Your 5 step guide to paying for college
How to pay for college and what to expect along the way.
College is a time that many claim to be the best years of their lives. It offers the chance of independence, lasting friendships, and of course, the education for the career of your dreams. But for some, it may seem out of reach.
The good news is, it can be within your reach — even if, financially, it doesn’t seem like a reality right now. The article below provides an overview on applying for financial aid, scholarships, along with more information on the cost of college and private student loans.
Step 1: Complete the FAFSA after October 1
Regardless of family income, you should always complete the Free Application for Federal Student Aid (FAFSA), as it’s required for all federal financial aid and most state and institutional aid. Complete the FAFSA form here. You will need to complete the form for each year you plan to attend college.
Step 2: Apply for scholarships
With all of the various kinds of scholarships available, there is something for just about everyone, and applying for scholarships is a great way to increase your chances of getting money for school.
To get started with your scholarship search, visit Tuition Funding Sources, a database with more than 7 million scholarships totaling more than $41 billion to help pay for college. Applying for scholarships is something any student who is planning for college, already in college, or working toward a graduate degree can do.
Step 3: Estimate and compare your total college costs
How much does college cost? Comparing your total college costs can be a bit overwhelming when you talk about tens and possibly hundreds of thousands of dollars. But that’s why the FAFSA and scholarships are important—they may help ease the sight of those large dollar amounts.
To get started on comparing your college costs, check out your preferred college or university’s website for its Net Price Calculator (NPC). This college cost calculator breaks down everything based on the information you put in—financial status, grades, even community service history—pertaining to your personal situation. It can help you estimate what types of financial aid resources may be available at that school. As a result, you’ll be able to better compare the costs, options, and opportunities available to you at different schools.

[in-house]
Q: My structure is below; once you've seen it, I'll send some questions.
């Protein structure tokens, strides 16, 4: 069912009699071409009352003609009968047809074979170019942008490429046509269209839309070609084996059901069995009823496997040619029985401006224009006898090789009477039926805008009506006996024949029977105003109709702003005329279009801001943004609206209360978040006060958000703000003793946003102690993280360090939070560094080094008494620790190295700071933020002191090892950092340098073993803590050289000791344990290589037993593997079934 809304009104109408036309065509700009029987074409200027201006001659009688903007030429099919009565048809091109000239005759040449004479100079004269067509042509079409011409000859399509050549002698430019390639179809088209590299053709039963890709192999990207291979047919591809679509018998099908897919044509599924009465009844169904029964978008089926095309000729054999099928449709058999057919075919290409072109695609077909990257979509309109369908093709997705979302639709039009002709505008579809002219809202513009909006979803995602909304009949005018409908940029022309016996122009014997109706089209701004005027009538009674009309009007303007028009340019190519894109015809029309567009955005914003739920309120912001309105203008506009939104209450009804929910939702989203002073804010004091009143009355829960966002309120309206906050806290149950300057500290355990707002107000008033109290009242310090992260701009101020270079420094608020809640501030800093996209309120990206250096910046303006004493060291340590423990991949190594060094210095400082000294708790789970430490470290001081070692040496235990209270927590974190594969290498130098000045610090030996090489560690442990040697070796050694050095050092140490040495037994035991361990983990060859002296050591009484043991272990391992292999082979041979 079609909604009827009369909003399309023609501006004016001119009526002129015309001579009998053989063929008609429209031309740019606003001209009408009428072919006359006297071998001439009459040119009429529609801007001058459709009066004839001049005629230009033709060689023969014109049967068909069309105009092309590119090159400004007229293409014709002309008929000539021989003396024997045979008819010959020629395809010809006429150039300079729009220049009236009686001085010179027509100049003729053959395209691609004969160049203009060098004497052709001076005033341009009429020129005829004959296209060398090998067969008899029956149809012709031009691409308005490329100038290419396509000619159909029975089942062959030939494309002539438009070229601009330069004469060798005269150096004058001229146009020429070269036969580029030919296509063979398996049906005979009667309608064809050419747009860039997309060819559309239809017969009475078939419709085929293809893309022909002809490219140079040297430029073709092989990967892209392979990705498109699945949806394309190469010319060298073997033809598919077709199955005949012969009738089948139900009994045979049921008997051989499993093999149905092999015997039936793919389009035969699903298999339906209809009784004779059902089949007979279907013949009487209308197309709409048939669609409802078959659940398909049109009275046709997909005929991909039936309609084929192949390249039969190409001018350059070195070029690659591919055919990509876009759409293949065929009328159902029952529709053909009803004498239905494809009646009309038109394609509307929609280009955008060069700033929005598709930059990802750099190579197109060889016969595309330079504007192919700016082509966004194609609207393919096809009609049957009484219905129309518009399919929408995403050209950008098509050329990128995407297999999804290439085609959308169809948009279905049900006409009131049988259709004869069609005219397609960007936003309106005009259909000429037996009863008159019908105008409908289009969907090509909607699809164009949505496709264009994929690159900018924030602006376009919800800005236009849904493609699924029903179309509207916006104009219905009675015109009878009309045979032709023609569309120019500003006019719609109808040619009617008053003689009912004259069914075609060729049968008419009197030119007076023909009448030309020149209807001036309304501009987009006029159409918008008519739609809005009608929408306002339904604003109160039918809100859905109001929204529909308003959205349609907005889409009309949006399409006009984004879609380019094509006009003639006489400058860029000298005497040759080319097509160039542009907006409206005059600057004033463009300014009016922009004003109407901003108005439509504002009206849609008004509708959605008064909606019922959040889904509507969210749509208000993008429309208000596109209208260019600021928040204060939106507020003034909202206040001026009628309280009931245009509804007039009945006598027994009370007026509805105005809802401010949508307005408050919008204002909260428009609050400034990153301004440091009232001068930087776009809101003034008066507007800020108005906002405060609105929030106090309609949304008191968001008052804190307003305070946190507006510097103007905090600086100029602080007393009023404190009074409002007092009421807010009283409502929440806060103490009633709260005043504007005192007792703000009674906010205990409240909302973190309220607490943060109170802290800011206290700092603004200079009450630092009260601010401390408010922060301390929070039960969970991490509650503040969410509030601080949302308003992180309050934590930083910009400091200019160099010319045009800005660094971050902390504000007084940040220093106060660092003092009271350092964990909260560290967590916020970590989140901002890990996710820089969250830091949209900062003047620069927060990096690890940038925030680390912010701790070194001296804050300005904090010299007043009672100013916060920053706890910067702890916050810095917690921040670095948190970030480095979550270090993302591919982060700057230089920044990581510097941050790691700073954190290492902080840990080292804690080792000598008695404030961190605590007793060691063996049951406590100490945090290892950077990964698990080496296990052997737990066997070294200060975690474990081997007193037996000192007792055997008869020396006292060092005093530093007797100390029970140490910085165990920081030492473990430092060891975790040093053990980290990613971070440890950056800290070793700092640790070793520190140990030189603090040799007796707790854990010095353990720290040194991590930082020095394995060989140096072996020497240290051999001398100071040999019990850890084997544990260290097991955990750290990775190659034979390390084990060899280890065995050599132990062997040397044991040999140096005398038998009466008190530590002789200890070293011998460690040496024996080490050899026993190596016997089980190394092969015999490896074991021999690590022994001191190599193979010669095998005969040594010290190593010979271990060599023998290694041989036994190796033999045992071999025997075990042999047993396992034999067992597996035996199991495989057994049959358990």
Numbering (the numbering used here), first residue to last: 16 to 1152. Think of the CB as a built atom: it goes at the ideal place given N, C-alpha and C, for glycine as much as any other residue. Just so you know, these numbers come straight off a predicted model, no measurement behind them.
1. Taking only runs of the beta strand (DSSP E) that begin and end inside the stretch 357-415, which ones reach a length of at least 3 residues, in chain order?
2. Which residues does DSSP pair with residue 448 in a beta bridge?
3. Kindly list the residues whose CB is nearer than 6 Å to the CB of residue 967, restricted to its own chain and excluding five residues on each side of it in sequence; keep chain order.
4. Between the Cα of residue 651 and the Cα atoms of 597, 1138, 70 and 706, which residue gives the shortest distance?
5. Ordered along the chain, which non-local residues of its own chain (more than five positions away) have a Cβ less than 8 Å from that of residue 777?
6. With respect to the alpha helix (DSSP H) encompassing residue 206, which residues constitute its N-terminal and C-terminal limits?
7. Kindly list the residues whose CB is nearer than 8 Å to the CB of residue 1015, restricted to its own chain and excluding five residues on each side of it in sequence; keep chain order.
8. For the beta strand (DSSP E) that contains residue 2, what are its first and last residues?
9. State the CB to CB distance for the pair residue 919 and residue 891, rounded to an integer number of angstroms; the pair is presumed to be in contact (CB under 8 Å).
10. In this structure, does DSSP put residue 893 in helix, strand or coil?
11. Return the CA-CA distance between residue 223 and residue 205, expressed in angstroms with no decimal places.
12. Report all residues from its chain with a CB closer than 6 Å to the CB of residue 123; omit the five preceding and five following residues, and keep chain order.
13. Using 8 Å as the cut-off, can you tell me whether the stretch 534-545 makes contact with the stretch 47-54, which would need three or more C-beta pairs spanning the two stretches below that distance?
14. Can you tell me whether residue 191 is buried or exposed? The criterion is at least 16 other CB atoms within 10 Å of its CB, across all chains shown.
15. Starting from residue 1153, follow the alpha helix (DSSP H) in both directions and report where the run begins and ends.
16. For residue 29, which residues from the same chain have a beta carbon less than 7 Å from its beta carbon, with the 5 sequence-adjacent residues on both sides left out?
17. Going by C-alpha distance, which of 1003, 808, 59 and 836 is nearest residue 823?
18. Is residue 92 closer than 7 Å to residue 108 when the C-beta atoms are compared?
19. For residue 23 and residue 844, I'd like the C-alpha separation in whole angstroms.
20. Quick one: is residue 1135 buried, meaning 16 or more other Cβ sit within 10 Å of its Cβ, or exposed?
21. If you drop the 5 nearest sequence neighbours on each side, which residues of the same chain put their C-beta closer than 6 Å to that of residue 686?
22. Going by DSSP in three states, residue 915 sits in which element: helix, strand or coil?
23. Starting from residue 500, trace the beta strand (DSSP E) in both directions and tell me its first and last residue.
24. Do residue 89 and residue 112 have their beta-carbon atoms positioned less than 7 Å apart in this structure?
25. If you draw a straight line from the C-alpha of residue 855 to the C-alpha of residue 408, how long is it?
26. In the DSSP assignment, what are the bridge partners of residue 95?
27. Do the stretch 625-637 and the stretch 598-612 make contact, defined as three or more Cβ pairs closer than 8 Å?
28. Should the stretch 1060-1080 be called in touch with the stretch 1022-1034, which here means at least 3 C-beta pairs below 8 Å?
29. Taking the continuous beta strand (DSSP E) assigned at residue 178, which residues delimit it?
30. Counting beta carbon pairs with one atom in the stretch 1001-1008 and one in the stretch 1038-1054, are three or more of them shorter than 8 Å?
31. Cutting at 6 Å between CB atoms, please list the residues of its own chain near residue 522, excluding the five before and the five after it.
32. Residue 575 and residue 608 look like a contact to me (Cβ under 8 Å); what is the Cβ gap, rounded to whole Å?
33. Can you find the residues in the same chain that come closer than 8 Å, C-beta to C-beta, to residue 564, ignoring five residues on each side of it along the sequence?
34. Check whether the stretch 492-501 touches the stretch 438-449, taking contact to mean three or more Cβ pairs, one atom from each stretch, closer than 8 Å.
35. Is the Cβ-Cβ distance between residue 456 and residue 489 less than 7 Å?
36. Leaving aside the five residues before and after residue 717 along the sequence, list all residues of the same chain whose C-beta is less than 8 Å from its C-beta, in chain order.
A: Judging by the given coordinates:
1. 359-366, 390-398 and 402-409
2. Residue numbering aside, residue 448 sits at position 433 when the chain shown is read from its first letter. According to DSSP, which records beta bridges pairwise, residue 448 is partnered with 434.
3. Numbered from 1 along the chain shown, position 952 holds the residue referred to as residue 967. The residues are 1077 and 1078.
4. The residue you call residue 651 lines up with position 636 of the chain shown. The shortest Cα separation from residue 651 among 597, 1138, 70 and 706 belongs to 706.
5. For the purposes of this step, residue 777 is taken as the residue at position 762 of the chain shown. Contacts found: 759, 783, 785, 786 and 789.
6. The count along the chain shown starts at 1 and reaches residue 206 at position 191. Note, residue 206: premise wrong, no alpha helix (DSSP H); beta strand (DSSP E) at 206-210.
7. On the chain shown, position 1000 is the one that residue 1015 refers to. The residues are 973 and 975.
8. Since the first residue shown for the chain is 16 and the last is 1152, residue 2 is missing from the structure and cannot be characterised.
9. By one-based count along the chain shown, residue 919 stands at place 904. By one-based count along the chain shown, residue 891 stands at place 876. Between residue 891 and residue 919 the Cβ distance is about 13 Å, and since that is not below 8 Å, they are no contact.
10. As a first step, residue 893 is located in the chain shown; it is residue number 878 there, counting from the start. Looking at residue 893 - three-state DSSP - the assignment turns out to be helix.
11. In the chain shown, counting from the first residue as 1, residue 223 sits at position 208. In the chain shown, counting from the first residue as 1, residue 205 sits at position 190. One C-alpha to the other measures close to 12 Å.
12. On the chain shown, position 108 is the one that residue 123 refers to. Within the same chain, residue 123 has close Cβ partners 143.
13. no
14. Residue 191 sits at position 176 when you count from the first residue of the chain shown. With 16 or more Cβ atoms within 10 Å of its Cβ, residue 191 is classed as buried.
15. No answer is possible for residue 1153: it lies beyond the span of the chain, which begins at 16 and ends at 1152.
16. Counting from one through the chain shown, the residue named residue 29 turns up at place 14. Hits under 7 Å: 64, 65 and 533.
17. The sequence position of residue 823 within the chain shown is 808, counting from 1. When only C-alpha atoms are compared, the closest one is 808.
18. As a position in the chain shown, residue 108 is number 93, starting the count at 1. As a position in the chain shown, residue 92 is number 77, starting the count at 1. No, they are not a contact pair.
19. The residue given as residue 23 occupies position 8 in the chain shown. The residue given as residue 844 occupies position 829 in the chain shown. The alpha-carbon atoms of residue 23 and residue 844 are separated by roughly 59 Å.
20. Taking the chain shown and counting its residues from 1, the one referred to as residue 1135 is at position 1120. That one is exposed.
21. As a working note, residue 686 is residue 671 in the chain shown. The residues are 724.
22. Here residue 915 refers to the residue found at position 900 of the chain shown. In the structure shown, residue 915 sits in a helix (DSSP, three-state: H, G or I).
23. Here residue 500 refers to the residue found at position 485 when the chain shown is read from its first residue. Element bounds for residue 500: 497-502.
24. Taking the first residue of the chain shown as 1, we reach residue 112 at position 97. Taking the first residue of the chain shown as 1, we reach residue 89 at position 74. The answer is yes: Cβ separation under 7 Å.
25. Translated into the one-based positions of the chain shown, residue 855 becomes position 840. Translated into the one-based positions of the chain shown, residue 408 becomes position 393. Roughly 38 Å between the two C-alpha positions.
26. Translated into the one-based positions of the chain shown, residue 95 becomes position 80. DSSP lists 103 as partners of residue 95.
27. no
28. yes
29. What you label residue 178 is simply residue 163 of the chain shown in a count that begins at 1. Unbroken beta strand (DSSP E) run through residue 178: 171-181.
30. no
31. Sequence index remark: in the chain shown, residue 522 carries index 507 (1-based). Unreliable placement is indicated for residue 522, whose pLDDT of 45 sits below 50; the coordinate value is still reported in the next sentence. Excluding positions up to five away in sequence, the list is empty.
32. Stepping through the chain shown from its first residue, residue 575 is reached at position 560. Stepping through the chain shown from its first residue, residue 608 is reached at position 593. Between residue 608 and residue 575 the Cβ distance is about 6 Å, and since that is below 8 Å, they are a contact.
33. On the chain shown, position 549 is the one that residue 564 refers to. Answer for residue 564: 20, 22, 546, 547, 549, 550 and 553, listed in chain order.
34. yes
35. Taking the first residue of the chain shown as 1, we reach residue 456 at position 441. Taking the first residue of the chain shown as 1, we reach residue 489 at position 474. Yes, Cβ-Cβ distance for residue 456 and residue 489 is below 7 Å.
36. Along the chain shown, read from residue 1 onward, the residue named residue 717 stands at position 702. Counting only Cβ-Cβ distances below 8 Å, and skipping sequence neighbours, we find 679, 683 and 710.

Step 4: Determine if you need additional money for college
While the NPC will help you plan in advance with a ballpark figure of financial and scholarship aid, against the estimated tuition cost, you can better determine what additional out-of-pocket costs you need to cover once you receive the award letters from your chosen schools. Evaluate your expenses and how they differ between schools, starting with your first choice to your last.
For example, if your total cost of college—tuition, fees, room and board, etc. —tallies out to $15,000 and your grants, scholarships and federal student loans cover $10,000, then you’ll need $5,000 in additional funds to attend that particular college. If you need additional money to cover college expenses, continue on to step 5.
Step 5: Additional college financing options
If the financial aid you receive from your award letter doesn’t cover your total college costs and other funding sources – like savings accounts, 529 plans, income, etc. – aren’t enough, you may want to explore additional federal and private financing options.
One of those options is a tuition payment plan, available through colleges to help students pay tuition in installments instead of one lump sum at the start of each semester. This is also beneficial because it allows you to pay your monthly tuition, typically interest-free. Another option includes Federal Direct PLUS Loans, which are credit-based loans offered by the federal government. You may also consider private student loans or alternative student loans, which are credit-based loans provided by banks or other lenders.
College is supposed to be the best time of your life. Hopefully this list is the first step you take to getting there.